Does anyone know what SMTP reply code I can give to a sender trying to deliver mail to my server so it knows the mail can not be delivered to my server. But not a hard fail so it bounces the email back to the sender.

I want it to attempt to deliver the email to the other MX records for that domain. Now the sender may attempt any number of times to deliver it to my server, but each time I want it to not be accepted and attempt the other MX record.

1 Answer 1


The first digit of the reply code will tell the sender whether the transaction can be retried or not. If the first digit is 4 the transaction can be retried at a later time or right away to a different MX, and it will have a chance of succeeding. If the first digit is 5 it indicates a permanent failure which should be bounced to the user since retrying the transaction would cause the same error again.

the relevant section of RFC 2821 says this:

4yz Transient Negative Completion reply

The command was not accepted, and the requested action did not occur. However, the error condition is temporary and the action may be requested again. The sender should return to the beginning of the command sequence (if any). It is difficult to assign a meaning to "transient" when two different sites (receiver- and sender-SMTP agents) must agree on the interpretation. Each reply in this category might have a different time value, but the SMTP client is encouraged to try again. A rule of thumb to determine whether a reply fits into the 4yz or the 5yz category (see below) is that replies are 4yz if they can be successful if repeated without any change in command form or in properties of the sender or receiver (that is, the command is repeated identically and the receiver does not put up a new implementation.)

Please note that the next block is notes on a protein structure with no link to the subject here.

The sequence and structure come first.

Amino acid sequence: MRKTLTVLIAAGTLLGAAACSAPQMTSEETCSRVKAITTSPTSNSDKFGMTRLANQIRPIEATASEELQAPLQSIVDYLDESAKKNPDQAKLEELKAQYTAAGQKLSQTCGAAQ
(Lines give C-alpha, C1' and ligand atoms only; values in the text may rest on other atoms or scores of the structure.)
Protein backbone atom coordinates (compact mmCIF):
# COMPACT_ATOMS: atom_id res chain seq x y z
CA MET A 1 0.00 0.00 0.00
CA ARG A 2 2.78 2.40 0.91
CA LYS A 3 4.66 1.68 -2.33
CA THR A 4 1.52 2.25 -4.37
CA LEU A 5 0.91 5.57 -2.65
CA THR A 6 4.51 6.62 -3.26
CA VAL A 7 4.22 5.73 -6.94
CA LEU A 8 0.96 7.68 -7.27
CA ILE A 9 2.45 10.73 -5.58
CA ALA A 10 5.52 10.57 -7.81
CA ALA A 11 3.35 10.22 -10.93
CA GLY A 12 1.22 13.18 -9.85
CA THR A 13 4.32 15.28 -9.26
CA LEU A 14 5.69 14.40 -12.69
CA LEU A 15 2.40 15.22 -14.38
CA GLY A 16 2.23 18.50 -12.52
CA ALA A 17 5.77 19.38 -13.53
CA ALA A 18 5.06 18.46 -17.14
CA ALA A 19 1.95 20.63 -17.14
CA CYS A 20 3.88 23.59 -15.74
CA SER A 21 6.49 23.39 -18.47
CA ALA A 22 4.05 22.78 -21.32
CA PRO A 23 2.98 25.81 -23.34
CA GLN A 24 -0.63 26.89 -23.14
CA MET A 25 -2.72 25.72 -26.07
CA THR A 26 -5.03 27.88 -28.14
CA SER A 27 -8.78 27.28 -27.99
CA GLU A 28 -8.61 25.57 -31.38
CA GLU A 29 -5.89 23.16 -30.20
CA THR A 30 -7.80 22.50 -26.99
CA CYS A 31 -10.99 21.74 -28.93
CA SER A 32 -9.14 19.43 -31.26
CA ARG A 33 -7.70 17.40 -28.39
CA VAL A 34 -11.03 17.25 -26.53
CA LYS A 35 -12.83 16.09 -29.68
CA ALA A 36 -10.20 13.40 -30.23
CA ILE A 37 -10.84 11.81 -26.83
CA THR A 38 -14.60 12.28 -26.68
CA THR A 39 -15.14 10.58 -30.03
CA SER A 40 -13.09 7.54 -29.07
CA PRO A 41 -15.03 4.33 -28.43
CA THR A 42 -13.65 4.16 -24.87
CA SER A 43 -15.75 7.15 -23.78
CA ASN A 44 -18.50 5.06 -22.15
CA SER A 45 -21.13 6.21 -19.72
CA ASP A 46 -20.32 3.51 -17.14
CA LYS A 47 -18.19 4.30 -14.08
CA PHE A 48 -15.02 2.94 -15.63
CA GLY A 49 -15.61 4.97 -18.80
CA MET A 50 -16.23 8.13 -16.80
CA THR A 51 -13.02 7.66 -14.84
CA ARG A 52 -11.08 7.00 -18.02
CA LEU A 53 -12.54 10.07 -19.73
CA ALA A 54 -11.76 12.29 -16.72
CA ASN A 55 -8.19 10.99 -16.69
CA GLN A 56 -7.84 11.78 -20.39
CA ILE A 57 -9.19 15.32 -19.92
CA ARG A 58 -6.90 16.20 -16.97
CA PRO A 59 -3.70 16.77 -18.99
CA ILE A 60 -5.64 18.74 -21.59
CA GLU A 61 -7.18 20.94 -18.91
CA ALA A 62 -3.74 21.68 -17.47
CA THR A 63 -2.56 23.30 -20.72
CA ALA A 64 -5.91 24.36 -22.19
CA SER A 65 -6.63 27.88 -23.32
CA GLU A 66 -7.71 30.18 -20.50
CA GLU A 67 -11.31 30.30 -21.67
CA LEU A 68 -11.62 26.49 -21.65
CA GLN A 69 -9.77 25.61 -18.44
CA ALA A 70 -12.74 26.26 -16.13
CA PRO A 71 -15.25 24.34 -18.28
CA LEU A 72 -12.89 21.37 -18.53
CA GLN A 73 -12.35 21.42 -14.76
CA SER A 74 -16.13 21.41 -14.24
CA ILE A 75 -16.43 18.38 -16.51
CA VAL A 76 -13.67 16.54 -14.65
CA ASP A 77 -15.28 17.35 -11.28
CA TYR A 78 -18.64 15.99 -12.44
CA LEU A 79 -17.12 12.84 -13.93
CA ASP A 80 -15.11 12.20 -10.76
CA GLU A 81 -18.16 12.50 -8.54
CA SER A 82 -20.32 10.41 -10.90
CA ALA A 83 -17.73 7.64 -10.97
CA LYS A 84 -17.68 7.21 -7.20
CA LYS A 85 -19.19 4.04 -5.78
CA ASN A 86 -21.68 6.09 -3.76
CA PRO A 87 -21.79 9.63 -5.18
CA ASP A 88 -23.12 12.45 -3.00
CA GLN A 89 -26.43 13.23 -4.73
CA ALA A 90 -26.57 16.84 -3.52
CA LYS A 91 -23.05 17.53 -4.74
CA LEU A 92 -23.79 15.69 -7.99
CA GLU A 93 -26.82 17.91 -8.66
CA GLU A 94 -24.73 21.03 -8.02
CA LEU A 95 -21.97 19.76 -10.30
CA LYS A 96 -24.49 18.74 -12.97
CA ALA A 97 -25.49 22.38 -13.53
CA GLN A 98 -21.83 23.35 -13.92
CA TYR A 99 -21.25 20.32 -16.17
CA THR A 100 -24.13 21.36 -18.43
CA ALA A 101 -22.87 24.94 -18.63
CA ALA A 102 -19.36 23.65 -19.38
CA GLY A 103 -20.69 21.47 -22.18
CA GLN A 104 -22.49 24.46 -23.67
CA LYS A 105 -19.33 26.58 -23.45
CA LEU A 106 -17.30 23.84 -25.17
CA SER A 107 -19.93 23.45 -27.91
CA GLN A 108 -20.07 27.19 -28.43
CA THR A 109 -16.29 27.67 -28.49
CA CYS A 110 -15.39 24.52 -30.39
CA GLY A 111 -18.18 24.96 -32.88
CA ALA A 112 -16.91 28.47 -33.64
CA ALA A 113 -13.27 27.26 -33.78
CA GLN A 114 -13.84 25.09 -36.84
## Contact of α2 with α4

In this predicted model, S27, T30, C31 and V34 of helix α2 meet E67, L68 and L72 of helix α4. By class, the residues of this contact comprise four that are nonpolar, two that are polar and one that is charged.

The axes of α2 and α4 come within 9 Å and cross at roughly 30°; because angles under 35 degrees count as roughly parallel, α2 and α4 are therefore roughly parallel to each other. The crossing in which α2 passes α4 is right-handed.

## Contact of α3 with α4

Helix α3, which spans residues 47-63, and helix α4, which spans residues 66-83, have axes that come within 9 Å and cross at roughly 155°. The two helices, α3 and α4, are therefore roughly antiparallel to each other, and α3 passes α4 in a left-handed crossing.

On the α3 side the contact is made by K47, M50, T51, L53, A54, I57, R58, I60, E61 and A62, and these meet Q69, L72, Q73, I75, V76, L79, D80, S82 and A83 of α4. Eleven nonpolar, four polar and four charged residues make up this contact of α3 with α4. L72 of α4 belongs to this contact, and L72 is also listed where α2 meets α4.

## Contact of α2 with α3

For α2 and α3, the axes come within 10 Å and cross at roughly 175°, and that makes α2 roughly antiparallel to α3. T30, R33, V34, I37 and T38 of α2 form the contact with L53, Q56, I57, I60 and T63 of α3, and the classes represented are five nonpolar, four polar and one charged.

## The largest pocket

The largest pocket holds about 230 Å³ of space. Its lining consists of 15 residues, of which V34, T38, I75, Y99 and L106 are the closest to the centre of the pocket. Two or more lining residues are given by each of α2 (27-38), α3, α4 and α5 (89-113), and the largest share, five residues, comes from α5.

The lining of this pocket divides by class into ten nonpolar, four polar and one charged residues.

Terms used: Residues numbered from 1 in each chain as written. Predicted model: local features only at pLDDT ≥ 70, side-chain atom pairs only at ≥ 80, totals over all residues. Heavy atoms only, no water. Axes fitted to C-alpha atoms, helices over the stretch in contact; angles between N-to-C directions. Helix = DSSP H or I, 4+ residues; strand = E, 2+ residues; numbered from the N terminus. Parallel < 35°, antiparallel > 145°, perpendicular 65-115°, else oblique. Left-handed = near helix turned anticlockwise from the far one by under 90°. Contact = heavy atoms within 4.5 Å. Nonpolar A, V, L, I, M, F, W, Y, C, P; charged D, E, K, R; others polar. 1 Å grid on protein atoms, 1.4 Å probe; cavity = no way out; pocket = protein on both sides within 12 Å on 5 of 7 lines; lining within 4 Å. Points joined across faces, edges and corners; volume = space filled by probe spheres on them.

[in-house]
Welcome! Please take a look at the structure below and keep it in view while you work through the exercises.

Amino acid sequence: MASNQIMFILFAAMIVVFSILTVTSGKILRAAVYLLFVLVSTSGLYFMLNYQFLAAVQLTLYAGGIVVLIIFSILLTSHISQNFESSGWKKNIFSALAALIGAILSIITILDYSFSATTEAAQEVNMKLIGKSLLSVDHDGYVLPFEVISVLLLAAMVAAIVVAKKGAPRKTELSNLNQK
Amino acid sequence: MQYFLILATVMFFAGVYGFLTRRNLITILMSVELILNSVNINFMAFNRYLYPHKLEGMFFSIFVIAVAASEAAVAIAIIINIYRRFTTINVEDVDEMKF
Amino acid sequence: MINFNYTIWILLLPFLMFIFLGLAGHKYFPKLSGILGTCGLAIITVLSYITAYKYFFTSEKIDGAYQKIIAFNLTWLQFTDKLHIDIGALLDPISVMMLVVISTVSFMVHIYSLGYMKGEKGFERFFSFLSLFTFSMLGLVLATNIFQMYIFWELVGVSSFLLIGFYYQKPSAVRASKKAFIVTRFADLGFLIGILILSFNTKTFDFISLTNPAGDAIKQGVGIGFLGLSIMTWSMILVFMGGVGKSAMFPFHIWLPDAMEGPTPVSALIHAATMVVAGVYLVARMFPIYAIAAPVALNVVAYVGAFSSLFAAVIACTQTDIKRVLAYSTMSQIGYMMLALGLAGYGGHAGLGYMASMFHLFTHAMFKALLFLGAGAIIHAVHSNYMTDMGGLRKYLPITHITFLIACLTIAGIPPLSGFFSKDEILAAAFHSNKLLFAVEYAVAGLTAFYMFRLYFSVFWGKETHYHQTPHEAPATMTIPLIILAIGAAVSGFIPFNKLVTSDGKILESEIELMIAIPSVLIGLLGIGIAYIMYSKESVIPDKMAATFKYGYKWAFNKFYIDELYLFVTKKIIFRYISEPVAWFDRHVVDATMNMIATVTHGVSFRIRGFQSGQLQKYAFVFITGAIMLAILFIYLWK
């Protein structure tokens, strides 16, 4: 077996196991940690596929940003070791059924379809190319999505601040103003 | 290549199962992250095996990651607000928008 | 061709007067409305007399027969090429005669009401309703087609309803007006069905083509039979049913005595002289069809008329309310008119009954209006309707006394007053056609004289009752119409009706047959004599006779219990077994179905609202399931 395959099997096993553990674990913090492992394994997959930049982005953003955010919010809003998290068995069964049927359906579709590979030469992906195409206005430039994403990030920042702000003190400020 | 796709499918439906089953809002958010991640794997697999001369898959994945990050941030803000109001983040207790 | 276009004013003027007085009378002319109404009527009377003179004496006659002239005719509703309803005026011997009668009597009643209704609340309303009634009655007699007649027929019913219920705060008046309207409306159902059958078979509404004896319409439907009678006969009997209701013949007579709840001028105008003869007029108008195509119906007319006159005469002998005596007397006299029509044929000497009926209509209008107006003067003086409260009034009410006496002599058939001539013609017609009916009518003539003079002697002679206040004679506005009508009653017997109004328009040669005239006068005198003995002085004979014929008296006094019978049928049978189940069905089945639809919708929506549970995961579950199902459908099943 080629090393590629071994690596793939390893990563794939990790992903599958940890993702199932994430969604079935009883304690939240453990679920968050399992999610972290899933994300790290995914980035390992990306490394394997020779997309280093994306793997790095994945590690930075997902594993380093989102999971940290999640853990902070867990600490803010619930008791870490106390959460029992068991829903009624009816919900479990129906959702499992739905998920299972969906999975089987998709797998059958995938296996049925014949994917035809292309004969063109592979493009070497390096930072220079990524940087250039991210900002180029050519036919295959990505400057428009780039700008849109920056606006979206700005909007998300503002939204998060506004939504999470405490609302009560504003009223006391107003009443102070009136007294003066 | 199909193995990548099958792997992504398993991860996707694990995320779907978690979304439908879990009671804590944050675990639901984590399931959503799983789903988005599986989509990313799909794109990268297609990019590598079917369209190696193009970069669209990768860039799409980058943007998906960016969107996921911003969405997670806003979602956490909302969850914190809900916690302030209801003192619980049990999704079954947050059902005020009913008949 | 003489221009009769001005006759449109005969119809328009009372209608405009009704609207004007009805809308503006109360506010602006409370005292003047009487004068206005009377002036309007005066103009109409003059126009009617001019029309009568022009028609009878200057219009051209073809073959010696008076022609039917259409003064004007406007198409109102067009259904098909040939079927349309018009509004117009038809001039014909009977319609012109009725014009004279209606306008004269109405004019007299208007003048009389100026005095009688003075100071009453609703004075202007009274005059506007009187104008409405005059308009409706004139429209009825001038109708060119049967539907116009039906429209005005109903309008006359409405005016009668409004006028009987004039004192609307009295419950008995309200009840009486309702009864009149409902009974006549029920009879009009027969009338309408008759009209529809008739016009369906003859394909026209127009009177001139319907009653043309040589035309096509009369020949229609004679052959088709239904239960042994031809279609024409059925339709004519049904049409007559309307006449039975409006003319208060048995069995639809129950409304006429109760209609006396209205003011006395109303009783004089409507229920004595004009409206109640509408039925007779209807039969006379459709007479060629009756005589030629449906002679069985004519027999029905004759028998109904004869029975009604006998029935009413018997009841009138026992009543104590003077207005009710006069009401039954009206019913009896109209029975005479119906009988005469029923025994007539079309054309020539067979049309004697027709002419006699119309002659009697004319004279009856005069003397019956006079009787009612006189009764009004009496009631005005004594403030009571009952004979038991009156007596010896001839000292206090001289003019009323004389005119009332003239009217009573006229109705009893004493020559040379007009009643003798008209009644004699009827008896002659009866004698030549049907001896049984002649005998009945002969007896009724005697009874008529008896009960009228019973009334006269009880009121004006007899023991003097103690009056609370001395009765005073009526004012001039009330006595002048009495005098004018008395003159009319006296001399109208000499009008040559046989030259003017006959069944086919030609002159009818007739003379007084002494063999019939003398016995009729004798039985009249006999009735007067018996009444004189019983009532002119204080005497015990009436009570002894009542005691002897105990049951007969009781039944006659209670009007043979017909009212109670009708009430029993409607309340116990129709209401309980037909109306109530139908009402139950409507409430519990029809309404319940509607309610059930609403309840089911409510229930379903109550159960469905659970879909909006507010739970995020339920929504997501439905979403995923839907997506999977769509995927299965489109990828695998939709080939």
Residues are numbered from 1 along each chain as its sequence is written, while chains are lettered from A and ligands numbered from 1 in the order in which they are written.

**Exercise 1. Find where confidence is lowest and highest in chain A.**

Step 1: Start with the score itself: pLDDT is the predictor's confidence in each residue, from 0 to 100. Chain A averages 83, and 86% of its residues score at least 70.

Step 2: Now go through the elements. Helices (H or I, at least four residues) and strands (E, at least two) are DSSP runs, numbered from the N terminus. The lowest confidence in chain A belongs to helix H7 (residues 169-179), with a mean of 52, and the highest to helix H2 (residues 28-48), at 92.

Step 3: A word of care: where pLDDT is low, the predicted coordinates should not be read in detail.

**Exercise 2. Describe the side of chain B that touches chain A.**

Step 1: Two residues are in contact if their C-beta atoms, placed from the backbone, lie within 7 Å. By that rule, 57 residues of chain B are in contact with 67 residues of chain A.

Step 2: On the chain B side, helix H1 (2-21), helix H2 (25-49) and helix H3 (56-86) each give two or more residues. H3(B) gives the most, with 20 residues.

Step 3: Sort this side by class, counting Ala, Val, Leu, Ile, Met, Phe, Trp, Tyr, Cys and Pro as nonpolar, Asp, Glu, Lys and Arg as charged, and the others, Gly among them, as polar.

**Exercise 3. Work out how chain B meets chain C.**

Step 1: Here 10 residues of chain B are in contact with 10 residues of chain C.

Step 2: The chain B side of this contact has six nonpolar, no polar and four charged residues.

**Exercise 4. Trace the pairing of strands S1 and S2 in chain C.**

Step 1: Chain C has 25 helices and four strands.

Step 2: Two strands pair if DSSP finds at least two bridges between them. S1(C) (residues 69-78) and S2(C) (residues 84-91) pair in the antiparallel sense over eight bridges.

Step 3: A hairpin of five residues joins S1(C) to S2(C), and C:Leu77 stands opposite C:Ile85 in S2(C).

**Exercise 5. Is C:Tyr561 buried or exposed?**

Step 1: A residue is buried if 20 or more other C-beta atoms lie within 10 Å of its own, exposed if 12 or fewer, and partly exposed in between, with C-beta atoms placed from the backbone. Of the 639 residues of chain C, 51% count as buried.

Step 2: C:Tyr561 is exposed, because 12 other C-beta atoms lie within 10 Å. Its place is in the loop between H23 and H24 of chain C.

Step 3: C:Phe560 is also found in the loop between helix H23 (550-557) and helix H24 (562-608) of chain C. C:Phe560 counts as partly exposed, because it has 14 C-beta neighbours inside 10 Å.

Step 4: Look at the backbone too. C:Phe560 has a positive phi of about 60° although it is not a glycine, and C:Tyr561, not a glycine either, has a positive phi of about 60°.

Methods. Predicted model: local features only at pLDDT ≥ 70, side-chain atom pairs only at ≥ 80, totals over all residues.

5yz Permanent Negative Completion reply

The command was not accepted and the requested action did not occur. The SMTP client is discouraged from repeating the exact request (in the same sequence). Even some "permanent" error conditions can be corrected, so the human user may want to direct the SMTP client to reinitiate the command sequence by direct action at some point in the future (e.g., after the spelling has been changed, or the user has altered the account status).

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